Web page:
2. It should be completed by each department being considered for the project. Some departments may have significantly different “sub-departments,” like purchasing and contracts or accounts payable and accounts receivable, and these departments should complete their own questionnaire.
3. People may not understand the purpose of this questionnaire, so don’t send it out without some prior notice and explanation. Preface the questionnaire with a short write-up about your document management project and how important it is to gather this information.
4. Consider having a kick-off meeting to review the project and questionnaire, establishing the value of the project.
5. People will take as long as you give them, so don’t make it an open-ended time frame. Allow at least two weeks, but try to limit any extensions.
6. People may not want to complete this questionnaire, so it is good to follow up with each team leader after about five business days.
7. People may not understand some of the questions and will not respond to them. Be prepared to follow up on any questions asked and to review the returned questionnaires if they are incomplete.
8. When completed, review each questionnaire and compile the results.
9. Consider reconvening the people in the original kick-off meeting to review and discuss the results. This can provide you with some surprising and interesting insights into your document management issues.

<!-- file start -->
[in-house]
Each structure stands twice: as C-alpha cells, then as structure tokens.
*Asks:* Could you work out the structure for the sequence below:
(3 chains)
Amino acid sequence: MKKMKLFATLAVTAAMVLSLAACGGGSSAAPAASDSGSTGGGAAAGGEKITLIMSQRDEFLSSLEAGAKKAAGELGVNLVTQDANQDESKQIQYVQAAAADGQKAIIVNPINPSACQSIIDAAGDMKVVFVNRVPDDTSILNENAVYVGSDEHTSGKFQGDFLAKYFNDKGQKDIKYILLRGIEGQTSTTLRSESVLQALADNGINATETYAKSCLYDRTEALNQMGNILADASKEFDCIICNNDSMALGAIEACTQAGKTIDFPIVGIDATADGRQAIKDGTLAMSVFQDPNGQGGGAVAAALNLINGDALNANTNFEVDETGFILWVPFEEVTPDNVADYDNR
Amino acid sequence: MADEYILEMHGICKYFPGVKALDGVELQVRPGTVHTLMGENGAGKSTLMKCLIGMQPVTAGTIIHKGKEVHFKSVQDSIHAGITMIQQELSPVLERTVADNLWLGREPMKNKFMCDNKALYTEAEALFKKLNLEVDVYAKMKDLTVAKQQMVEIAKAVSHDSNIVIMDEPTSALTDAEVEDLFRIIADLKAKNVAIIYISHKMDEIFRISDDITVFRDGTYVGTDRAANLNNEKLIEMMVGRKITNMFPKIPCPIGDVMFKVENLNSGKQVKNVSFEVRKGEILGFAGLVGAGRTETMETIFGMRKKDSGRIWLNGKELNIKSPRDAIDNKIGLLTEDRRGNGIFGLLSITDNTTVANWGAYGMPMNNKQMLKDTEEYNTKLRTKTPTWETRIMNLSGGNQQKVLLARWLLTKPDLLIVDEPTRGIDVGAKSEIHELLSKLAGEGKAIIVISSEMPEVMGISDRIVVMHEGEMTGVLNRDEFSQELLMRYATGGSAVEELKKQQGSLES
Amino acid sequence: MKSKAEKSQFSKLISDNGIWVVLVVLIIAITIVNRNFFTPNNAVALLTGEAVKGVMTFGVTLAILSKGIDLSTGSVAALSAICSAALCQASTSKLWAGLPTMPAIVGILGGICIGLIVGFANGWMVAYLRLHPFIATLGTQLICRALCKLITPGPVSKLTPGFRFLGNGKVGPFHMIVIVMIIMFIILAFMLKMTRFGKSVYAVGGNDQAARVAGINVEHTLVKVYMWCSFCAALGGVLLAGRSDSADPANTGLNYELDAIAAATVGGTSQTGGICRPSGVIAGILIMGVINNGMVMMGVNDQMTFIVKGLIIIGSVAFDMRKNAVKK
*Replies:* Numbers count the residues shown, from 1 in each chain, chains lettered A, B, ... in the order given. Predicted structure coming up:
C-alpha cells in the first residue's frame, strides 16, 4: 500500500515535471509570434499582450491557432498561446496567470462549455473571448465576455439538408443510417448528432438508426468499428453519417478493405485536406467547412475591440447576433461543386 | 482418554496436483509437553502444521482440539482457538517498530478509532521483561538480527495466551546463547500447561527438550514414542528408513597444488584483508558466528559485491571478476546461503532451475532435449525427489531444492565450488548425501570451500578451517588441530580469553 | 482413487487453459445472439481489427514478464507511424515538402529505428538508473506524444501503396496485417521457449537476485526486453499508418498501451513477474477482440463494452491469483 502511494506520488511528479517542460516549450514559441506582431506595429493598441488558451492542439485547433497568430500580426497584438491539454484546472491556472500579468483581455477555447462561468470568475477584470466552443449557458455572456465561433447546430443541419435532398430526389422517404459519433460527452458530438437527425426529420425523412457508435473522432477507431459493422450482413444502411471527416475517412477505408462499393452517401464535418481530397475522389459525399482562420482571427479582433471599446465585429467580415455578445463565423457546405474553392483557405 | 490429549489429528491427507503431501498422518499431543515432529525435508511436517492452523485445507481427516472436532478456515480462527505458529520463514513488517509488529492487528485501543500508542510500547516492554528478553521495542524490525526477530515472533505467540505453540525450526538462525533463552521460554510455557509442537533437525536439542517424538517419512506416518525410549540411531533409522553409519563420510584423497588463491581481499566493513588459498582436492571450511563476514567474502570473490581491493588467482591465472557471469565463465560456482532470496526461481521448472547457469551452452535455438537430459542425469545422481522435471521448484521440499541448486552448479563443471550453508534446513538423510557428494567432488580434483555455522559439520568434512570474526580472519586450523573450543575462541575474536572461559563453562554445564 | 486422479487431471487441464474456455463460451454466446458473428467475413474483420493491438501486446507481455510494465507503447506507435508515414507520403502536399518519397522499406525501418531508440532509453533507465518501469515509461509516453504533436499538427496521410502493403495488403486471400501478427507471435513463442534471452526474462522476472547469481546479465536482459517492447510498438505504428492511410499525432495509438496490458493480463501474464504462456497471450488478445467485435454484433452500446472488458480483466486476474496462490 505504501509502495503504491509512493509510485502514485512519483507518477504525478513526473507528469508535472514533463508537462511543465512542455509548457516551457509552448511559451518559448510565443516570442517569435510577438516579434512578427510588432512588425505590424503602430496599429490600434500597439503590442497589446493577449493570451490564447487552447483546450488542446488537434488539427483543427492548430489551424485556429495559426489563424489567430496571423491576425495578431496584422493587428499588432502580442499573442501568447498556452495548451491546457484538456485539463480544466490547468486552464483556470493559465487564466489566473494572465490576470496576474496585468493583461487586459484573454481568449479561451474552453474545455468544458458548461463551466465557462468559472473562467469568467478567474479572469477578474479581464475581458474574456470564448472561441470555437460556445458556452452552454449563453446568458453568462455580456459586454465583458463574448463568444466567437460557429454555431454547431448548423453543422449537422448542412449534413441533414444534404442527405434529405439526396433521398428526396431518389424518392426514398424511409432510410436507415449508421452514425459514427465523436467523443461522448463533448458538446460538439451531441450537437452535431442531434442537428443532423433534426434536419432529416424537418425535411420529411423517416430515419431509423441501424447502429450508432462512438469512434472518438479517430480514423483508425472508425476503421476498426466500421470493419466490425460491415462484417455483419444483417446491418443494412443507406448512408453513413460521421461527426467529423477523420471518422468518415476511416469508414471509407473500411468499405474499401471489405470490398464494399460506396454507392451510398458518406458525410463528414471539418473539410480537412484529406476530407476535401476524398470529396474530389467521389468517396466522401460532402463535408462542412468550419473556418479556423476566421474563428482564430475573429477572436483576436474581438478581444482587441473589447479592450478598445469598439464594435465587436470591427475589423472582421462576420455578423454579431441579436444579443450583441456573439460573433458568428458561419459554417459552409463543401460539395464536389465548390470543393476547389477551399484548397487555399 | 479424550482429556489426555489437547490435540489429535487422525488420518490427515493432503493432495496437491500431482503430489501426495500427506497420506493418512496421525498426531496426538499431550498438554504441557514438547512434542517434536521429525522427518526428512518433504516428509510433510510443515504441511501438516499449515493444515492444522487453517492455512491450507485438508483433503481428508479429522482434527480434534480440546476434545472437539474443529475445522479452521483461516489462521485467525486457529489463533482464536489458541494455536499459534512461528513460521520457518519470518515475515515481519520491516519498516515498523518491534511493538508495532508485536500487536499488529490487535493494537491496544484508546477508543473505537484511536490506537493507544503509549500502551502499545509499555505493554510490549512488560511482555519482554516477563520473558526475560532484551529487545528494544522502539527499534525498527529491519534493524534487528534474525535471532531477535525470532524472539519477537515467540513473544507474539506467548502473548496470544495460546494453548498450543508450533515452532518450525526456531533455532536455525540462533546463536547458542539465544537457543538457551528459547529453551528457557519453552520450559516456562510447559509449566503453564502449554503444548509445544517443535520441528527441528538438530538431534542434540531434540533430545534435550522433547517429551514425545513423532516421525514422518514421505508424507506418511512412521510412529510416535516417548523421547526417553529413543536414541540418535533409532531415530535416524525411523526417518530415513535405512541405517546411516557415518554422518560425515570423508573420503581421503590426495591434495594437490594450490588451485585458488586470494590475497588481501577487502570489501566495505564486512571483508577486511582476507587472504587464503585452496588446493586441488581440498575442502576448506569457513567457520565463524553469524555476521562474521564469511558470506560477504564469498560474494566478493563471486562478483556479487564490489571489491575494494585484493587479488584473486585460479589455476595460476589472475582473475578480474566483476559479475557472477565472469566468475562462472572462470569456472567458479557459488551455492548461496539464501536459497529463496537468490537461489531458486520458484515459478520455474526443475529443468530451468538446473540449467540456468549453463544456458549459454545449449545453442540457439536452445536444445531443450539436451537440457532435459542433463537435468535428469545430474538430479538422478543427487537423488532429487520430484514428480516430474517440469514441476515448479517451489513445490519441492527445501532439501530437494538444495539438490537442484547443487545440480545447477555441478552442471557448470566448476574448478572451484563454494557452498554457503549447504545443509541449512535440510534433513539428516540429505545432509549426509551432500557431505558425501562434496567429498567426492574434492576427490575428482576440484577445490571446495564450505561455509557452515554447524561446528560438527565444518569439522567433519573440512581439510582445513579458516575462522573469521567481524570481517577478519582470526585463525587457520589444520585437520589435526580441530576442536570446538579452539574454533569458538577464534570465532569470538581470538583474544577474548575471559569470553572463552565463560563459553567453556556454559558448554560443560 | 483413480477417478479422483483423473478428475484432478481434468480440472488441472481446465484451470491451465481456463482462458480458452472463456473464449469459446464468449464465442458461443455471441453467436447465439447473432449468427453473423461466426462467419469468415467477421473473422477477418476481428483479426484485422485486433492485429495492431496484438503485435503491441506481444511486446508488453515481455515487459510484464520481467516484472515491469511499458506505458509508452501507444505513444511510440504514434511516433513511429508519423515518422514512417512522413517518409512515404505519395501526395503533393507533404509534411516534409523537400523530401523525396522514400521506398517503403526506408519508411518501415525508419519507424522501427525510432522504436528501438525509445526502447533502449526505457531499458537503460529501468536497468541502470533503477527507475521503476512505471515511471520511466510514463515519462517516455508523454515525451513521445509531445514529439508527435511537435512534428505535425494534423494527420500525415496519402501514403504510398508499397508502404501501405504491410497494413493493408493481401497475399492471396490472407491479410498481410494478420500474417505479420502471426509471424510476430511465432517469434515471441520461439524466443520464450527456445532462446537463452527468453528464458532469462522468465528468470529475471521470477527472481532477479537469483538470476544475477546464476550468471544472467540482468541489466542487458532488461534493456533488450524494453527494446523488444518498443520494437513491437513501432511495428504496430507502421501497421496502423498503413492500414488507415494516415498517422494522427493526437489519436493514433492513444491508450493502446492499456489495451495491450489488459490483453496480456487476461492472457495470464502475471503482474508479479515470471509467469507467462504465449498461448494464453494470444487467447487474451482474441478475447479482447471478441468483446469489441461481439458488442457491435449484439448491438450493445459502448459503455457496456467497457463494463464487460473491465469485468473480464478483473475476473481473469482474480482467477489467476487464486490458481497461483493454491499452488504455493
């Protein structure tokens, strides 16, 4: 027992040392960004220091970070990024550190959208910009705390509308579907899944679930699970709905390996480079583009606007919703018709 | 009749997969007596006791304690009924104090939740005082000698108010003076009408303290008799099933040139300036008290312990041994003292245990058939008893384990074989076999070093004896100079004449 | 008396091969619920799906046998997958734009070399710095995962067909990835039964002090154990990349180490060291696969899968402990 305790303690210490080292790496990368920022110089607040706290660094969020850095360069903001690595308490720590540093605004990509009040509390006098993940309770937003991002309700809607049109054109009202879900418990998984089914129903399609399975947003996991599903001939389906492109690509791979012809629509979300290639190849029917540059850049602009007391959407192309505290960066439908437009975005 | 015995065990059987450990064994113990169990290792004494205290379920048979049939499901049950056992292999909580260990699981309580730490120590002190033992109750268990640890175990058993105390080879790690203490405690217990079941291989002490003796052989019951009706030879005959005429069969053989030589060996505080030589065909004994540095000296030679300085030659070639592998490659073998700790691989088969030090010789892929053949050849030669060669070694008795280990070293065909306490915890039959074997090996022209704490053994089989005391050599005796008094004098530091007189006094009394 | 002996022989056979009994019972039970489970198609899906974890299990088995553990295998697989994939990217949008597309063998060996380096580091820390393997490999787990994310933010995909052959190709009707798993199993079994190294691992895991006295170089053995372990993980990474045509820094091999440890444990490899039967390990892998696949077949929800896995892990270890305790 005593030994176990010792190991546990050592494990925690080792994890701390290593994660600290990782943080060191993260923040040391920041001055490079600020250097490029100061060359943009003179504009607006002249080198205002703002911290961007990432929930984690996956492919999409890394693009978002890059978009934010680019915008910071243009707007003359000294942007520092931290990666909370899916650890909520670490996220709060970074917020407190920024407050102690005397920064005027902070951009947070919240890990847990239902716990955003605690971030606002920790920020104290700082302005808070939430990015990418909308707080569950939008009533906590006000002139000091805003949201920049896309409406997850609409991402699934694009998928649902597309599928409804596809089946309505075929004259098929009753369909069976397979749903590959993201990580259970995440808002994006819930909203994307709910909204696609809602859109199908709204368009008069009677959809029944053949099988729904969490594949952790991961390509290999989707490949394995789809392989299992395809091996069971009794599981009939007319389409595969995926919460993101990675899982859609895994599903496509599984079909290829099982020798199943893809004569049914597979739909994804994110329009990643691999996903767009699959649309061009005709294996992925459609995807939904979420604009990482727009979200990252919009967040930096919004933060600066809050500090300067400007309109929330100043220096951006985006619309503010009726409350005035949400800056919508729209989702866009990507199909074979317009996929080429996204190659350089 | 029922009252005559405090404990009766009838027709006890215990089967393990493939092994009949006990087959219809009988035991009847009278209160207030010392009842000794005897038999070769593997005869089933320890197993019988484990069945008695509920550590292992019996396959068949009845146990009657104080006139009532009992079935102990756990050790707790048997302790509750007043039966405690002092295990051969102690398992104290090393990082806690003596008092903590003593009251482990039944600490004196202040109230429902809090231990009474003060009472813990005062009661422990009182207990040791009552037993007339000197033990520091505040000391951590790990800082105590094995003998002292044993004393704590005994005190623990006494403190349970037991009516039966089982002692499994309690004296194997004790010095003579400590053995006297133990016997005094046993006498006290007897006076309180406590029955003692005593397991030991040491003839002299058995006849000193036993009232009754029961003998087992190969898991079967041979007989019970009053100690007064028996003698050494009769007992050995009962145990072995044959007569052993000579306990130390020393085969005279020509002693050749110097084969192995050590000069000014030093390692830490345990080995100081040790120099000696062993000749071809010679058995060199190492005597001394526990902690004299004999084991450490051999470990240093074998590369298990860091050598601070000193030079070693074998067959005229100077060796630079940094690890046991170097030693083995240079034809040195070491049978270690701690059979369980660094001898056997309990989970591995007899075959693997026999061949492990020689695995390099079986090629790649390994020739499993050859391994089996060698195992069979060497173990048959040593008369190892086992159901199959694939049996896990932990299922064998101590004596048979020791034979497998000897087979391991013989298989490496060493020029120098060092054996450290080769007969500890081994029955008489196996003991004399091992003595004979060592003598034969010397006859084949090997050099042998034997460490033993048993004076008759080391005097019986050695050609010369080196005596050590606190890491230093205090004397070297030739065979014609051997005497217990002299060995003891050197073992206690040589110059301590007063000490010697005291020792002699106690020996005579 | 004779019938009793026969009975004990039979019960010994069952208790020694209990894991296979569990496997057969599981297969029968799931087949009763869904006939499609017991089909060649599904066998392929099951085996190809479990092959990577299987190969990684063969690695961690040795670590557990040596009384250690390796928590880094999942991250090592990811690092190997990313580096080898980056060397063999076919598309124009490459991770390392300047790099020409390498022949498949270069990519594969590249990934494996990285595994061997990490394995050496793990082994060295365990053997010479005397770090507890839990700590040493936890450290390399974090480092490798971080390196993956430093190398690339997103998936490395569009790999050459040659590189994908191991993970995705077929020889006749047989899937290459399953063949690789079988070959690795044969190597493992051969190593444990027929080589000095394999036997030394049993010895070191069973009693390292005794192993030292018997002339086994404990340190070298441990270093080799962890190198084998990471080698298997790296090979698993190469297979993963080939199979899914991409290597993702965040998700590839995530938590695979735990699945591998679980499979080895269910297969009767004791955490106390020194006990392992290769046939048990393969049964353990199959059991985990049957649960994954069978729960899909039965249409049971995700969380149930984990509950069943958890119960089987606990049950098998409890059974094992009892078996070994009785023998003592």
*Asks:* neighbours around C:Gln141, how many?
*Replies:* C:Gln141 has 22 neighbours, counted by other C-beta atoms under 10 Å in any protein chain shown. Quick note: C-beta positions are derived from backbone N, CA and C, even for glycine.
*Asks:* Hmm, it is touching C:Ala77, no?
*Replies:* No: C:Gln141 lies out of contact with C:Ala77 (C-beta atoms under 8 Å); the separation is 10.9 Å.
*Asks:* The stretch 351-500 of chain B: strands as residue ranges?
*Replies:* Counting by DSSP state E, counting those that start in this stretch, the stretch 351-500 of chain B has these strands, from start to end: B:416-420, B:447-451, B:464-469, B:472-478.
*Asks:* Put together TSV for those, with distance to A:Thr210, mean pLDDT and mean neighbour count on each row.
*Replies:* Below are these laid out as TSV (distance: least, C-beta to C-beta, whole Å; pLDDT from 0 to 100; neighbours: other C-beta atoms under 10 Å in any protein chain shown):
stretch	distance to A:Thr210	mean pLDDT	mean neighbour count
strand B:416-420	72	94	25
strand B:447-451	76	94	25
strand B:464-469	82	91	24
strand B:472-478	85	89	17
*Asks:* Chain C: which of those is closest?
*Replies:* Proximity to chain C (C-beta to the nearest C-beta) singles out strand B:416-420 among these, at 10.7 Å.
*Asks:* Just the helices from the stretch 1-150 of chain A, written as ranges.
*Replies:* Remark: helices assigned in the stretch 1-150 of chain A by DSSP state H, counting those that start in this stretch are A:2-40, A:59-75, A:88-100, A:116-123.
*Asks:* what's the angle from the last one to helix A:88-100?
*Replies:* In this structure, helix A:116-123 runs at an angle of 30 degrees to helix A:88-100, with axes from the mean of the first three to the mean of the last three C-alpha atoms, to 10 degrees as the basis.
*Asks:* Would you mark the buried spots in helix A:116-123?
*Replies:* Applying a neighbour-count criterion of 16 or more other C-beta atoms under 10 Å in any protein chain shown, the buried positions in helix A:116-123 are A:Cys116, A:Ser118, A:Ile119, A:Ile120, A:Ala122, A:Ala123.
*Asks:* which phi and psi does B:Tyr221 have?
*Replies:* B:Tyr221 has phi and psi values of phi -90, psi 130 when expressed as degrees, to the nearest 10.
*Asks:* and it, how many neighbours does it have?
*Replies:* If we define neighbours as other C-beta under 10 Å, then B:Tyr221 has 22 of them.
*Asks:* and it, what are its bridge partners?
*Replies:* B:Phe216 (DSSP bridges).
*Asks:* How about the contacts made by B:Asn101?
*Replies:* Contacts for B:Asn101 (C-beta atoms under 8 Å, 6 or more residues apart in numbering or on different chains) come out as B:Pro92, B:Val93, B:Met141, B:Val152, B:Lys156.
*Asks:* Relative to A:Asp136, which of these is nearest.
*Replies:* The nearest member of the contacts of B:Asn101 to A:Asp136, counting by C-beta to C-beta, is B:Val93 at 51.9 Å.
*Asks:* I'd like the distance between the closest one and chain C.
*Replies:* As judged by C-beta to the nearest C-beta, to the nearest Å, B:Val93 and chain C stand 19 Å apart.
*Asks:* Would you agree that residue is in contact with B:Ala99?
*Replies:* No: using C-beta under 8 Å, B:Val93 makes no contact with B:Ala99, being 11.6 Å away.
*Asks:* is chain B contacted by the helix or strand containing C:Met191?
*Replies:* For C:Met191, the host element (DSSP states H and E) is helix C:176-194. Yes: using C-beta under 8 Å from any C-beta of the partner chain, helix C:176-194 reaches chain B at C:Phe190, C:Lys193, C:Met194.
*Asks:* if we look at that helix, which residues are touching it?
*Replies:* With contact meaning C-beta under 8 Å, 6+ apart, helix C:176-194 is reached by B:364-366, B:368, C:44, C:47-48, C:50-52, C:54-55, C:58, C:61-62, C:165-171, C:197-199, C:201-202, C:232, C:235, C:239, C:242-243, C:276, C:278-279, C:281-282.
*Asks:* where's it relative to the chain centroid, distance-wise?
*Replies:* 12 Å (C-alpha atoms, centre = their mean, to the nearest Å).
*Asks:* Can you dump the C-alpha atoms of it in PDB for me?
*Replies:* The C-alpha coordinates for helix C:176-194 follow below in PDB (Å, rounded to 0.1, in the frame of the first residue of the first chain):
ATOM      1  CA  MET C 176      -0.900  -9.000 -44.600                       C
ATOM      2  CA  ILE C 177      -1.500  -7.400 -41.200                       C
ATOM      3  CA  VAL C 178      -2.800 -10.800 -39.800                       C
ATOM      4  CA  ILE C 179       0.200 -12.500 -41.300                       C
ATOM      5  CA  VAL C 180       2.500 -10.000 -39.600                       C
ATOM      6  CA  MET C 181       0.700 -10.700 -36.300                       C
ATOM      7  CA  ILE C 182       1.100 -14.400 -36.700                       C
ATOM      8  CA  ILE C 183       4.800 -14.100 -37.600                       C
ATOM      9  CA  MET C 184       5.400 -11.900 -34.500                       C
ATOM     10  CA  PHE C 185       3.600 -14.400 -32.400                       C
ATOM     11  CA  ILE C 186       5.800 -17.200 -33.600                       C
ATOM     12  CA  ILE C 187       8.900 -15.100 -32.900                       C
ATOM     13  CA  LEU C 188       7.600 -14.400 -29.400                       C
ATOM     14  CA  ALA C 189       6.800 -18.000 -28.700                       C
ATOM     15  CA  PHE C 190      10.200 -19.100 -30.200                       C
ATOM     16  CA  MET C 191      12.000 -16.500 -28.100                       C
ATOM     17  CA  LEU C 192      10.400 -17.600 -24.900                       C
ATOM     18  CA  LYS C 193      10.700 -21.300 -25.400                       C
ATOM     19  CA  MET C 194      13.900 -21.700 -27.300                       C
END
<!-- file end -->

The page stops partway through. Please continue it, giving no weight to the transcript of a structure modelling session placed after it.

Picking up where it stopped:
Understanding the Problem
While the document management consultant can help you to better understand your issues and how the issue(s) can be resolved with a document management system, it is valuable for you to identify your problems on a non-technical level first so that you can communicate them to the consultant. This allows the document management consultant to get a head start on the primary issues, and during the review, the consultant may come up with additional areas that should be considered.
The questions in the above questionnaire are straightforward and should be clear to most study participants. However, you should be prepared to work with them to answer questions and provide guidance. Remember that you are trying to better understand your own document management issues and be able to successfully communicate them to a document management consultant.